Children and teenagers are two of the population groups most at risk from an expected resurgence of novel influenza A (H1N1) virus infection this fall. Because of this risk, the federal government is making plans to distribute through schools and daycare centers vaccine against the virus as soon as it becomes available, according to health care experts and Obama administration officials, who spoke during a July H1N1 Influenza Preparedness summit at NIH headquarters here.
The federal government expects to have a limited supply of H1N1 flu vaccine ready by mid-October. According to HHS Secretary Kathleen Sebelius, the government is looking at different kinds of sites for vaccine distribution, including daycare centers and schools.
"There will be some access through traditional doctors' offices and community health centers," said Sebelius in a response to a question posed by AAFP News Now. "But we may look at more communitywide vaccination programs to try and get this in the arms of the targeted populations as quickly as possible."
The Obama administration has released $350 million in H1N1 preparedness grants to all states and territories; $260 million will go directly to state health departments to prepare for a vaccination campaign, and $90 million will go to help hospitals handle an expected surge in patients if an outbreak occurs in their community.
The administration also has upgraded and expanded its flu information Web site(www.pandemicflu.gov). In addition, administration officials are issuing public service announcements to alert the public about the H1N1 virus, Sebelius said.
President Obama called into the flu summit from an economic summit in Italy and told participants at the conference that state and local officials need to prepare now to implement a vaccination program in the fall.
"In conversations with world leaders about this issue, it is clear we are way ahead in terms of planning," Obama said.
However, the emergence of the H1NI virus has underscored inherent deficiencies in the U.S. health care system, deficiencies that make it more difficult for the federal government to achieve the concurrent goals of reducing illnesses and deaths while minimizing social disruptions caused by the virus, according to health care officials.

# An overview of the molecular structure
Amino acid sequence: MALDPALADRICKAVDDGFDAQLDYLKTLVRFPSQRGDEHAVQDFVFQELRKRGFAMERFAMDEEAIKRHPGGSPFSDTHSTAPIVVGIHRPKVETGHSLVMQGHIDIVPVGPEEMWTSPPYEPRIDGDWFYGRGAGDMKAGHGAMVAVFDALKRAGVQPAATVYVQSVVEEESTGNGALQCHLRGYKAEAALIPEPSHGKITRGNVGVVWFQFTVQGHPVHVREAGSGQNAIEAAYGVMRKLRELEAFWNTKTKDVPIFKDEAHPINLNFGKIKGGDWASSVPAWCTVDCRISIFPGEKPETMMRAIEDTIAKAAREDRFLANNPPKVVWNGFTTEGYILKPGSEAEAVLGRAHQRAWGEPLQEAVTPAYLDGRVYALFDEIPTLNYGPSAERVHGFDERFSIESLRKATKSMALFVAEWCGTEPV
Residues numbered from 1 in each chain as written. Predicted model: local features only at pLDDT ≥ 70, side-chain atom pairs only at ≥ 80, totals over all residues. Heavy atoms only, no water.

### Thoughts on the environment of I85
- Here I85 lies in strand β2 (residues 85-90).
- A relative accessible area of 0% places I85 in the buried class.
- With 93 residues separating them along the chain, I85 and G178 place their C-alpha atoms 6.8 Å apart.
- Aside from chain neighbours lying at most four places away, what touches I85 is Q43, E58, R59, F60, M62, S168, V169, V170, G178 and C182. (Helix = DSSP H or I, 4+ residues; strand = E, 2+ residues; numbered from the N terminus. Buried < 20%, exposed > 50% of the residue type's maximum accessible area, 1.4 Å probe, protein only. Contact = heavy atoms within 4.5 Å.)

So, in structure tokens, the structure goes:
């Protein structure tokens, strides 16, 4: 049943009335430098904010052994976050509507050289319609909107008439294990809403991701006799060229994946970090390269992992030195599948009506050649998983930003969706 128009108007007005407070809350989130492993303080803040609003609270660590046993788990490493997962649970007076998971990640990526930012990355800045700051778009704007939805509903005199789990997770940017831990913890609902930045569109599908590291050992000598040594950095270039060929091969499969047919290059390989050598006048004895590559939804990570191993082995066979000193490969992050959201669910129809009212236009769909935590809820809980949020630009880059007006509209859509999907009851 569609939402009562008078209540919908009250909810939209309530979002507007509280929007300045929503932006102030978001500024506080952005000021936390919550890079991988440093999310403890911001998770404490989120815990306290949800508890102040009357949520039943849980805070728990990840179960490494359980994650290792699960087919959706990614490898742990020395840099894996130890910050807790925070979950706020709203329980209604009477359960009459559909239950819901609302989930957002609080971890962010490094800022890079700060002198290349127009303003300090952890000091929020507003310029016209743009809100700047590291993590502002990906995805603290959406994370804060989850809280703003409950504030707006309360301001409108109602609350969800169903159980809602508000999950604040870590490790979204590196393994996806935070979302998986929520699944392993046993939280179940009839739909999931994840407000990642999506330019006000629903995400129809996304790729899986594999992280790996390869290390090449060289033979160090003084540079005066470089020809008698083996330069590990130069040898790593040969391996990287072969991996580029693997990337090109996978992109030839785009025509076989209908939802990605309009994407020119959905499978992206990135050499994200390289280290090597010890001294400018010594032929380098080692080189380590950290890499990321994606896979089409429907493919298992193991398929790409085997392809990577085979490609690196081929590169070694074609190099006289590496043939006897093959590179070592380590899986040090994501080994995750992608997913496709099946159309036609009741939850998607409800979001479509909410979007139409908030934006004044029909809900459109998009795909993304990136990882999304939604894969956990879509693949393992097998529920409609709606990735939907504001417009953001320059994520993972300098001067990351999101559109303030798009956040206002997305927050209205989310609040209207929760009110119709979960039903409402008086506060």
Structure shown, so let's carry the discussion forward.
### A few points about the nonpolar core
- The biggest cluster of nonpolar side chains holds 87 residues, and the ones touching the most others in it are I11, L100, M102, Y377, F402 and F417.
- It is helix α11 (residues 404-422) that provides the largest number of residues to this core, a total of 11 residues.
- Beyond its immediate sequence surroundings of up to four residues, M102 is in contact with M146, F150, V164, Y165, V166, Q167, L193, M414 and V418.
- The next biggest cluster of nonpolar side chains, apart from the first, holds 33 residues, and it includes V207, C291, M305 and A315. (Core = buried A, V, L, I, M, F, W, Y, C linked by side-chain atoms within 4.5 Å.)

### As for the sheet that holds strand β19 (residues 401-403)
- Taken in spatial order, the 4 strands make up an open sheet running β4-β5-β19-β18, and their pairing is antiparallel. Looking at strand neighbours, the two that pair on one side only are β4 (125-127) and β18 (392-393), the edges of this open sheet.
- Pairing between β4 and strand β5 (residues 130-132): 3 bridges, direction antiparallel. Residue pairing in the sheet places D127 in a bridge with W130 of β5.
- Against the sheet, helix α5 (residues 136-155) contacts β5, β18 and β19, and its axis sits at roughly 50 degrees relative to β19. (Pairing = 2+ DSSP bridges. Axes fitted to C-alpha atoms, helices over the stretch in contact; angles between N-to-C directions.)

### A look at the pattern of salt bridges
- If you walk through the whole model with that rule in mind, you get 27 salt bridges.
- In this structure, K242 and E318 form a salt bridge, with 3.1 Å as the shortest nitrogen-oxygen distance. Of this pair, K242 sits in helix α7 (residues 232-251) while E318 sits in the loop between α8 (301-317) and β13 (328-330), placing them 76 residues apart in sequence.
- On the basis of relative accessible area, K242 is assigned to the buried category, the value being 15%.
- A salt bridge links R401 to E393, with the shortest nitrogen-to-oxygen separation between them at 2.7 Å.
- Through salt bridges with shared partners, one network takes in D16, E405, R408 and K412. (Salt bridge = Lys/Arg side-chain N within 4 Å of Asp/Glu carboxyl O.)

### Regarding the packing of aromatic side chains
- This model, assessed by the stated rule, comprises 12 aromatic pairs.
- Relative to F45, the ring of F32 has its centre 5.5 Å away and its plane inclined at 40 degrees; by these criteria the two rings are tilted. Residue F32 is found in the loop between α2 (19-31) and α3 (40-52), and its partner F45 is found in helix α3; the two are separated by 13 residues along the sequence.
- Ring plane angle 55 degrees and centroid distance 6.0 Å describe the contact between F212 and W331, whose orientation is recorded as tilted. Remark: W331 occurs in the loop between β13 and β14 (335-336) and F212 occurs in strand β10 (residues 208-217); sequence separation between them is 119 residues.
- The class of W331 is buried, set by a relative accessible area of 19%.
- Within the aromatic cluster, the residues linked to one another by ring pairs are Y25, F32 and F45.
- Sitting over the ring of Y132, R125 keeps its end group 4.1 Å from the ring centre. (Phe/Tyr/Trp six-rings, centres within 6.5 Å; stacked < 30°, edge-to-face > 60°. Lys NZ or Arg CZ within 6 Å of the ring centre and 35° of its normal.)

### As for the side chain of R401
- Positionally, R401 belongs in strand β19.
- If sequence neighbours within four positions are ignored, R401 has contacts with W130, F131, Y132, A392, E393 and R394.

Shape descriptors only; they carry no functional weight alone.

"We have a very erratic and inappropriate delivery system," said Sebelius. "There are literally millions of folks whose only access to health care is through the doors of emergency rooms, and we need hospitals to be prepared to deal with folks who are truly in desperate shape and who need to be hospitalized."
The H1N1 virus has "put a spotlight on the fact that we currently don't have a system where every American has access to preventive care, doesn't have a health home and doesn't have a doctor to call," said Sebelius.
Health officials also are battling complacency among the general public and even the press that threatens to derail preparatory efforts. There is a misperception that the virus is gone and the threat has disappeared.
"It is not gone," stressed Sebelius. "It is continuing to spread. … We have it in every state in this country. We know (H1N1) spreads very quickly."
Although infection rates have declined in many parts of the United States, outbreaks are continuing, said CDC Director Thomas Frieden, M.D., M.P.H.
As with seasonal flu, the vast majority of Americans infected with H1N1 have recovered without hospitalization. Public health officials have expressed concern that people are not regarding the H1N1 flu as a serious disease.
But it is important to recognize that the seasonal flu kills an average of 36,000 people every year in the United States -- not a very reassuring statistic, Frieden said. As of July 31, the H1N1 outbreak has led to more than 5,500 hospitalizations and more than 350 deaths in the United States, according to CDC figures(www.cdc.gov).
Moreover, influenza viruses change from season to season, and H1N1 could become more severe in the fall, prompting changes in the nation's immunization efforts, said Freiden.
Health officials, meanwhile, are closely monitoring H1N1 in the Southern Hemisphere, which is now in the midst of its flu season. There are substantial infection rates in Argentina, Chile, Australia, and much of Asia and Africa, according to Frieden. Investigators also have detected antiviral resistance to two commonly used antivirals in three parts of the world.
"None of those detections has represented a wide-scale change that would result in (variations) in our treatment recommendations," said Frieden. "But it is still something that needs to be watched carefully."